At long last, you found the perfect apartment. There's just one problem: it's been on the market a little too long. Or has it? And what is "too long", anyway? For sure, an apartment or house with a listing that's lingered should raise some flags, but just because a property hasn't been snapped up in a New York minute doesn't necessarily mean you shouldn't consider making it your new home. Here are some things to think about when questioning an apartment's time on the shelf.
Consider the context
This is the big factor to think about across a number of variables.
"I’m a firm believer in always placing these ‘rules of thumb’ in context. Especially these days when the market is so diversified amongst the different neighborhoods, price-points, the time of year, " says Christopher Kromer, of the Ariffin-Kromer Team at Halstead. "I think it really helps to know the specific market you are looking in, as sub-markets behave differently one from another all over town."
As an example, Kromer cites the market for higher-priced apartments, which is currently moving more slowly than those in the lower range.
"But this isn’t necessarily a reflection of value, or something wrong with the property. It could just be that there aren’t as many buyers or activity in that particular market," he says. "Some properties just take a longer time to sell, whether it’s related to pricing or just finding the right buyer."
Similarly, Halstead's research has shown Manhattan studios selling in six-and-a-half months lately, whereas apartments three bedrooms and larger are selling in a little over nine months.
Naturally, a big factor scaring away buyers is the price tag. A common culprit is an unrealistic seller.
"[That's] why I spend so much time talking to my sellers about the value of their home and setting expectations," says John Mazurek, of Douglas Elliman. "Everyone in New York City talks about real estate and rumors fly. Some sellers get unrealistic ideas of value: a neighbor told the homeowner someone else on another nearby block got a boatload of cash. Now he wants that same amount."
An obvious indicator of a seller who has come down to earth regarding the perceived value of a place is price cuts, and it may have taken some time for that realization to set in.
"Perhaps the seller was overly ambitious early on and is adjusting to the market, though it doesn’t necessarily point to anything wrong with the property," Kromer says. "The market may have perceived it as ‘wrong’ at the initial price and lost the initial group of buyers, but at the new price, it could actually be a good opportunity for the right buyer—and also maybe indicative of a sobered and motivated seller."
When it comes to the metabolism of the market, not all seasons are created equal.
"A property that’s been on the market for two months in February—having come to market in December, one of the slowest times of the year, if not the slowest—is a different situation than the same listing having been on the market for 2 months in May, having gone through the prime selling season," Kromer says.
An apartment that needs work can provide a real opportunity for buyers who are prepared to take that kind of project on, but many people will pass in favor of newer construction.
"Structural issues can be a big deal, especially in older buildings," Mazurek says. "In Brooklyn the vast majority of structures are over 100 years old and stuff just happens. Buildings are living things in a sense. They settle, they move, they shrink, water gets in. It doesn't mean there's no value left, but the buyer needs to know ahead of time and be prepared to either make repairs or work with whatever governing body is applicable—co-op board or condo association—to get the repairs done."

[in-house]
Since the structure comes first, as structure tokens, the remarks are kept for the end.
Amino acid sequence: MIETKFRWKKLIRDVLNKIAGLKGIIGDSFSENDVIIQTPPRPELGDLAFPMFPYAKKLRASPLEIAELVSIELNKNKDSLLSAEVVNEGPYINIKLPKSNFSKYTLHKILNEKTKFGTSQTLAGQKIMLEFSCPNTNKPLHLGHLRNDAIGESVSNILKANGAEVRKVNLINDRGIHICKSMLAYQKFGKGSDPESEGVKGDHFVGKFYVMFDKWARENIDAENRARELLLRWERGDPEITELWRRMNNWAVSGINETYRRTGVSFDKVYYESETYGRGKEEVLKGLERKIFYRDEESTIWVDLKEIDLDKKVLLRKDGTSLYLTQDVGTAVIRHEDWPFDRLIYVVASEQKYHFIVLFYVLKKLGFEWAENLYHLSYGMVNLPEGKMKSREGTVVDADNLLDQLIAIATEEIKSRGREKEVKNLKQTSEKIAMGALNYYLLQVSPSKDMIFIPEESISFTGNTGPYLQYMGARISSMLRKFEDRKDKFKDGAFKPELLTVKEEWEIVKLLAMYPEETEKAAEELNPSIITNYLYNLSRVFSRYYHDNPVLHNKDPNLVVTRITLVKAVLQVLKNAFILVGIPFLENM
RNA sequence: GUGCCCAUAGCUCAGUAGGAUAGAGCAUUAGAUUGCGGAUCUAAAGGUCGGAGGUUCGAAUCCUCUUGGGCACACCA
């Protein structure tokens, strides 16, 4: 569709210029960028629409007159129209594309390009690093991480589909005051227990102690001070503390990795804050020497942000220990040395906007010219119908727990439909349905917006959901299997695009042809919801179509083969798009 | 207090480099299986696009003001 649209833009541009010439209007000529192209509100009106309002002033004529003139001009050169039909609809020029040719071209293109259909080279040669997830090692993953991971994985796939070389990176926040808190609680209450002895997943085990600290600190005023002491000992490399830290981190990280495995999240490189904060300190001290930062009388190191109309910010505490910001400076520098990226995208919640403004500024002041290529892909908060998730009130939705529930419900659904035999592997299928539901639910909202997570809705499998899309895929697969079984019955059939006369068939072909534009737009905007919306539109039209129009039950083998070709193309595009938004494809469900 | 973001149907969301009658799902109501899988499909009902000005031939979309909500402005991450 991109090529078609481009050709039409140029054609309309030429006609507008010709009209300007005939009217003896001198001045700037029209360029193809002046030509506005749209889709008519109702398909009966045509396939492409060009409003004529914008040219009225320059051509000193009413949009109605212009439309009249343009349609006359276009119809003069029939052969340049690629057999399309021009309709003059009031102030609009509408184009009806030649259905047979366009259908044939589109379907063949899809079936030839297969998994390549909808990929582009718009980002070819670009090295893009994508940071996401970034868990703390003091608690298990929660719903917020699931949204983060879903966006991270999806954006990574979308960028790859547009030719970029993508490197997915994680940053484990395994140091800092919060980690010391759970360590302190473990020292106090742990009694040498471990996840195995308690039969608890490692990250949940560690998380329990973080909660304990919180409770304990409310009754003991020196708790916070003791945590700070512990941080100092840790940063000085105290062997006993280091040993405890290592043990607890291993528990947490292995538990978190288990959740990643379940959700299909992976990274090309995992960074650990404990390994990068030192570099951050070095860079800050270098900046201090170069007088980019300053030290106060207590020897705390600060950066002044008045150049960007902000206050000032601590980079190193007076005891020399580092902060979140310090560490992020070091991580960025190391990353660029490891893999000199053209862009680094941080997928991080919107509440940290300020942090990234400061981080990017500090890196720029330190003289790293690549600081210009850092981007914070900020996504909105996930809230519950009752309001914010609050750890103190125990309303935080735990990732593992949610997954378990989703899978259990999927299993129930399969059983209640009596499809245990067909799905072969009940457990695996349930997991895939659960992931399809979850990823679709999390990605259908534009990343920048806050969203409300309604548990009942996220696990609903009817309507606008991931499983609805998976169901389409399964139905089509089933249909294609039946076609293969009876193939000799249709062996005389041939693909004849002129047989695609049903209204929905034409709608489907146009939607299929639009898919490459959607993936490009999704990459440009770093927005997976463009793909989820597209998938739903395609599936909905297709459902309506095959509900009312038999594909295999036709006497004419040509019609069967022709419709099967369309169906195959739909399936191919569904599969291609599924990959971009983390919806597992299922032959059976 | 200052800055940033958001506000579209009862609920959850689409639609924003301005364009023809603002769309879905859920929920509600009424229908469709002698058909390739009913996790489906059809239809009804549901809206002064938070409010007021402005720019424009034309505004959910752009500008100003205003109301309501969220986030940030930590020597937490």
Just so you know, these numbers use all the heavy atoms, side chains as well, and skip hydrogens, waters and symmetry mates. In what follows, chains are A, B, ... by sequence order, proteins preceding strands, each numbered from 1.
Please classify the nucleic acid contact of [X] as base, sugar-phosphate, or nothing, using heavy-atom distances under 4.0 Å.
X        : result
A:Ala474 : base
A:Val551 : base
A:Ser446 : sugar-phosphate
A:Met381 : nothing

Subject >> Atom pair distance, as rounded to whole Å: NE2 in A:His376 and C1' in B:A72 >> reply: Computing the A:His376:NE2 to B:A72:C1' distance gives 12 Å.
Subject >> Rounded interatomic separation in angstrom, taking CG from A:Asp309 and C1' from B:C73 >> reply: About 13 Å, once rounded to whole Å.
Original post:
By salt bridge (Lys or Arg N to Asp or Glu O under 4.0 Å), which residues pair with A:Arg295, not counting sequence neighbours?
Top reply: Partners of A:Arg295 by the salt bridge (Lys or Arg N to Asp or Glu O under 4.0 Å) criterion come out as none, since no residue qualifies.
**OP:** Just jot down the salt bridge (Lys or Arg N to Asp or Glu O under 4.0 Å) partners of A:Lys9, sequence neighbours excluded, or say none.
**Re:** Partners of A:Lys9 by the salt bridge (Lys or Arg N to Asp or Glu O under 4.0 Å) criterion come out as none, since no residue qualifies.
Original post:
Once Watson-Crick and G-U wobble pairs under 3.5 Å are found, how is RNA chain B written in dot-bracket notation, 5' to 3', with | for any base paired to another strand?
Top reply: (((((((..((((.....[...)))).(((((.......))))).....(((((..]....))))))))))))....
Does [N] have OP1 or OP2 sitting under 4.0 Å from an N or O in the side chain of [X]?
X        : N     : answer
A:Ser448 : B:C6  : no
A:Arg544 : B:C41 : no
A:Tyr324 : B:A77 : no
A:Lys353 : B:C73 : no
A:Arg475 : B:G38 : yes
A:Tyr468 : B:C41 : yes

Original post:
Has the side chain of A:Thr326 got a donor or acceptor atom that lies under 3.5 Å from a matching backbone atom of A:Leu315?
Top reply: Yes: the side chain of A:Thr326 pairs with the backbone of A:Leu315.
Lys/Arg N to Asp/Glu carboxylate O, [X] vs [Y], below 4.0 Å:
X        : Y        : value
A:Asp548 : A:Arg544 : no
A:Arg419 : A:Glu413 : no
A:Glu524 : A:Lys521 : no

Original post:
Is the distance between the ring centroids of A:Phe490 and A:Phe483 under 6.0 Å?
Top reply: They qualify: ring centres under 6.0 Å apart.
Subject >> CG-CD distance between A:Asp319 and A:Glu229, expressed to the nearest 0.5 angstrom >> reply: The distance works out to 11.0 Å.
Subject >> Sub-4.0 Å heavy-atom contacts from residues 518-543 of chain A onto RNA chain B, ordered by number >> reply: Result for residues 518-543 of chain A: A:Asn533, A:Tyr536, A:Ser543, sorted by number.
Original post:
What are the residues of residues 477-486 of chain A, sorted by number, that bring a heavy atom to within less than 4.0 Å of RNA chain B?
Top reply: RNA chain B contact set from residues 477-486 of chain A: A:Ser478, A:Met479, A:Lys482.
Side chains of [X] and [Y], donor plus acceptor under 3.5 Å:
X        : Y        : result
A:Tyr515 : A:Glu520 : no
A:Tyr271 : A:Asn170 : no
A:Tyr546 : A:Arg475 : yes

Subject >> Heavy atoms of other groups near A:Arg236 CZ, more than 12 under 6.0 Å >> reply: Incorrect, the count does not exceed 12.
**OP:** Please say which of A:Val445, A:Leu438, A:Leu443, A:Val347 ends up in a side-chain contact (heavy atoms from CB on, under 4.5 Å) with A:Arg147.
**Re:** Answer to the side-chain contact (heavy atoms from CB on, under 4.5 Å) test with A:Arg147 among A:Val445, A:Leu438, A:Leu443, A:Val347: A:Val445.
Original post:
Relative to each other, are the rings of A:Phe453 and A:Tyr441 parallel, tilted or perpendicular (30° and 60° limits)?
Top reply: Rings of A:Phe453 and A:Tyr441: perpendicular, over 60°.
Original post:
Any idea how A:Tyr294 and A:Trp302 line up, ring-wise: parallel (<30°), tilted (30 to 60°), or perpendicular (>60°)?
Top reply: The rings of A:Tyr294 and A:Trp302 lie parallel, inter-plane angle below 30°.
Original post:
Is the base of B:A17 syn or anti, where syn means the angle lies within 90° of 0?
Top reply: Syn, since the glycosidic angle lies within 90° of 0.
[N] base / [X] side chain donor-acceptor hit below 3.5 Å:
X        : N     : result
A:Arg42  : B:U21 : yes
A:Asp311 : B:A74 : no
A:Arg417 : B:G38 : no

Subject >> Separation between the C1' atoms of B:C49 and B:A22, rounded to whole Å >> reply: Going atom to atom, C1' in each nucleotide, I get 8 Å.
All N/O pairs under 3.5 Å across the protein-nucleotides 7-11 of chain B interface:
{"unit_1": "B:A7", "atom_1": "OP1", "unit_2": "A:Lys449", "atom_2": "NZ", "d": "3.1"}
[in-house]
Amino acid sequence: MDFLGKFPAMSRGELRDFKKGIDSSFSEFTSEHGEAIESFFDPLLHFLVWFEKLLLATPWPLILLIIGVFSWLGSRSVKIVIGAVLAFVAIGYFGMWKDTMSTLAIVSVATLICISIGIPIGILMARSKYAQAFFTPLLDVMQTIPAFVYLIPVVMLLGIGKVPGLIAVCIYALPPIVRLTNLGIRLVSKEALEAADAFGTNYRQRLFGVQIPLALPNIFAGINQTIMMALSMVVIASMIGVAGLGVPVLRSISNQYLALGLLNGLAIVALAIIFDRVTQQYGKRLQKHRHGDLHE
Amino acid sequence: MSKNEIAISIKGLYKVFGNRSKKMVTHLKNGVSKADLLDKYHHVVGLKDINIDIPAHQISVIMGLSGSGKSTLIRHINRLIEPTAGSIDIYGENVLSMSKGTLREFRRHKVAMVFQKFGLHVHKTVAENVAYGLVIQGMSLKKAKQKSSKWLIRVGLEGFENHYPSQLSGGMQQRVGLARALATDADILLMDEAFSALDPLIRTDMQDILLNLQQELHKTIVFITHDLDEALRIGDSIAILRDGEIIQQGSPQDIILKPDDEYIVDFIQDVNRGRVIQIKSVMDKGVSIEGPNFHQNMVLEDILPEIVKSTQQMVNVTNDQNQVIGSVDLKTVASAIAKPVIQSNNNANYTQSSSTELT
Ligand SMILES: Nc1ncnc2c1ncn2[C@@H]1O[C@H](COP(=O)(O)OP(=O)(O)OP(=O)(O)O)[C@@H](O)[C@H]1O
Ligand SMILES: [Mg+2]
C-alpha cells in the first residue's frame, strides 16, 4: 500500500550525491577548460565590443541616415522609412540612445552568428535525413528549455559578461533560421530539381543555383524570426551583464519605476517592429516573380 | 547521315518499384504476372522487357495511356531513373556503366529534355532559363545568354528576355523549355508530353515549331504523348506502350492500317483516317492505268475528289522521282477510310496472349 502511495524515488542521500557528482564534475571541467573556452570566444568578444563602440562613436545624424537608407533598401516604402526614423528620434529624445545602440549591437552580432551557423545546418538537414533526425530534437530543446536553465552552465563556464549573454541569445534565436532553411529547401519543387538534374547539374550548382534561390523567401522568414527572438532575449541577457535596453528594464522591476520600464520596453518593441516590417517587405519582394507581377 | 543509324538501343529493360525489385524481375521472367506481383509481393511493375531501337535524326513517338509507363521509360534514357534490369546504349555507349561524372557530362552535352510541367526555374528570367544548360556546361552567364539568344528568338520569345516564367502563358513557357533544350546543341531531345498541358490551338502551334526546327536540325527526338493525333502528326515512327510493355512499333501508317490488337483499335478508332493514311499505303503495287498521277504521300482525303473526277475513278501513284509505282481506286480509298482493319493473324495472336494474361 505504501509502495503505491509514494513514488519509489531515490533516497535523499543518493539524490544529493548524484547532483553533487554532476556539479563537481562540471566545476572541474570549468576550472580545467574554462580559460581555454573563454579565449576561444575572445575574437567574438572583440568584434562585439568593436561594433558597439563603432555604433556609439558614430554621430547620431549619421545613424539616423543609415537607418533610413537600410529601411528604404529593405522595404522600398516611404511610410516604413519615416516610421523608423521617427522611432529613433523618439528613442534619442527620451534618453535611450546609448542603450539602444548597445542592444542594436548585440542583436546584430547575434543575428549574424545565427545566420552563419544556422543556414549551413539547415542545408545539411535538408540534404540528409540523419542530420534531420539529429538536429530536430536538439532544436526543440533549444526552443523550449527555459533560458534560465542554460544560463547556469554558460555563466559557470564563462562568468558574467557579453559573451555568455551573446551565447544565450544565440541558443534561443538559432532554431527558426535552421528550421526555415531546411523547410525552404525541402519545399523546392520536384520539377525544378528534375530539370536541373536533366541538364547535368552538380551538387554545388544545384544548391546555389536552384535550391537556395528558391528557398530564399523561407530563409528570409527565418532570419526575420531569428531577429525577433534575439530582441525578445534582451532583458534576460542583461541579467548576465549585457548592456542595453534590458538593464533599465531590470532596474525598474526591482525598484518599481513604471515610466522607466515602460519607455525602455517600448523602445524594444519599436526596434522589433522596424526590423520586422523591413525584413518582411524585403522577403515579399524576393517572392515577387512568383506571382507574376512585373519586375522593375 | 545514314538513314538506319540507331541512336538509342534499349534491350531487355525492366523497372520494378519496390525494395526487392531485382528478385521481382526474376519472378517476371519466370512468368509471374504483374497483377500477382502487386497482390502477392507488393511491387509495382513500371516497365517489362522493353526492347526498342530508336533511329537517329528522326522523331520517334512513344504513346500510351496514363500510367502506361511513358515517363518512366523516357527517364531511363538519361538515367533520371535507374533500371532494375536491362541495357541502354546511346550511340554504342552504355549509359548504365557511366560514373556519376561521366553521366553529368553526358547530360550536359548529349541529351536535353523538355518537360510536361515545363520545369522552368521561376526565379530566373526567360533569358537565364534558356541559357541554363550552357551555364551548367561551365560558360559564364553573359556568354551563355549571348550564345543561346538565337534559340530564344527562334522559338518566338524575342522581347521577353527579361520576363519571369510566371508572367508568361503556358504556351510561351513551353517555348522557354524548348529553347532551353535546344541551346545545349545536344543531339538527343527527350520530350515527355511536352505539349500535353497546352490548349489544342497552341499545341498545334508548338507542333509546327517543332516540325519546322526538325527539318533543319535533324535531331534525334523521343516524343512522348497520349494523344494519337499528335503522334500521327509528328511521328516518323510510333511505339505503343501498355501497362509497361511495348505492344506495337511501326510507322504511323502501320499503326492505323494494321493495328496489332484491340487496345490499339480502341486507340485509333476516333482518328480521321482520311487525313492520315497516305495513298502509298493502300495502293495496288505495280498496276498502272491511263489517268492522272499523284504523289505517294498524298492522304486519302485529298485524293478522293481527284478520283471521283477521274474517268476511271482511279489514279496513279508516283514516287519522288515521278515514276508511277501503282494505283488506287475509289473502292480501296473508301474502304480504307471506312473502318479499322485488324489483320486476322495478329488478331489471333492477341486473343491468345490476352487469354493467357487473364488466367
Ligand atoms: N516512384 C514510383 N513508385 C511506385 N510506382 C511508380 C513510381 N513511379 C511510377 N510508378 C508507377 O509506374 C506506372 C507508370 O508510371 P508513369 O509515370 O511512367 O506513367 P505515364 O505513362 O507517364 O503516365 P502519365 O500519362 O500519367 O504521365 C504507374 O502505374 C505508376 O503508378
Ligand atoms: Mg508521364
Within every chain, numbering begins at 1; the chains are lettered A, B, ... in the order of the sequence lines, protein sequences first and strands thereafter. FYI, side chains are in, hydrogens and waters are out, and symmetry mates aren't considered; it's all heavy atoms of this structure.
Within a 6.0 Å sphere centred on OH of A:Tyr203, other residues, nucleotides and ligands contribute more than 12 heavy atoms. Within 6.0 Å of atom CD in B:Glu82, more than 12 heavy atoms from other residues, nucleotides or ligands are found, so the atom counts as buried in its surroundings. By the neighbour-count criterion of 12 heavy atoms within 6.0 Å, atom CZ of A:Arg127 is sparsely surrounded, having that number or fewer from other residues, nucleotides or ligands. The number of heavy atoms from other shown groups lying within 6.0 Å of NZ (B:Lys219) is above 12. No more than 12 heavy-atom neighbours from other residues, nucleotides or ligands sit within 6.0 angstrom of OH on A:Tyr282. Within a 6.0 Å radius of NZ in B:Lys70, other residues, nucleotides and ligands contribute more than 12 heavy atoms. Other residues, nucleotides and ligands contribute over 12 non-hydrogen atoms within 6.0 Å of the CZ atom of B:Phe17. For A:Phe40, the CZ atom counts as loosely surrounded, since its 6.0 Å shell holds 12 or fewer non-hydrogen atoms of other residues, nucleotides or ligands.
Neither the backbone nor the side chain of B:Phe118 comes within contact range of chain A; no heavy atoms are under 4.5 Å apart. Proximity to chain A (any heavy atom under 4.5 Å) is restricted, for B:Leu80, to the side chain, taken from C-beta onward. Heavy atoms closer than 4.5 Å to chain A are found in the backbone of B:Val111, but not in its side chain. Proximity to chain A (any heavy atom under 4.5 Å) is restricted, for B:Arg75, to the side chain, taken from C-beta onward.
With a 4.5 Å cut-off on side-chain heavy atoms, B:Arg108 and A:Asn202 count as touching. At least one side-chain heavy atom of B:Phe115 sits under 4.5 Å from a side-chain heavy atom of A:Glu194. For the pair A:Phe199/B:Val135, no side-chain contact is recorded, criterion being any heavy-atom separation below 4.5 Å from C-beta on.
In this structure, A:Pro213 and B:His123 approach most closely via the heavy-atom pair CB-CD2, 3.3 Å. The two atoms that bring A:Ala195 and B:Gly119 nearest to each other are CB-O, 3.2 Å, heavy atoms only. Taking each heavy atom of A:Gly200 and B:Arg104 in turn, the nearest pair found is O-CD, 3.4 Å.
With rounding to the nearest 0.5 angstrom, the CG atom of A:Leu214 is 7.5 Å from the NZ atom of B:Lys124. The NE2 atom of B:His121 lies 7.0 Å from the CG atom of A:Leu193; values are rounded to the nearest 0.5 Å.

It could be an issue related to financing at the particular building that's holding up a sale.
"How many investment units are in a building?" Mazurek says. "Most co-ops have strict sublet policies, but the majority of condos don't. That's why investors will purchase condos. And if there are not enough 'owner-occupied' units in a particular building, then banks won't finance them. No finance, no sale."
It also might be the first line of offense—the initial batch of photos used to attempt to lure buyers in fizzled, and perhaps the seller didn't bother to stage.
"Sometimes, it's just photos," Mazurek says. "There was an apartment available in Turner Towers for six months, and the agent had no offers. A guy in my office took over the listing, re-staged, took high quality photos, and re-listed it at the same price. First open house he got an offer at the asking price."
It was waiting for you
While it makes sense to be wary of a unit that isn't moving, the truth is, there might not be anything wrong with it. Of course, you should do your research and look for any red flags, such as building with shaky finances, toxic tenants, etc.
"While it’s true in general that buyers get nervous about homes which linger for months, as they wonder what they might be missing that drove others away, I really believe that the listing needs to be placed in context to its specific and local market, along with the history of the listing," Kromer says. "Some properties just take a longer time to sell, whether it’s related to pricing or just finding the right buyer."
"You shouldn't cross things off the list just because it's been 'X' days on the market," Mazurek says. "Buildings aren't cars. No are two exactly alike. Sometimes an apartment sits because it's got a funky layout that is perfect for one buyer and no one else. [Or] the only view is of a wall, but [it's perfect for] someone who really wants privacy. There's nothing 'wrong' with these units, but they're for a particular person who will love it."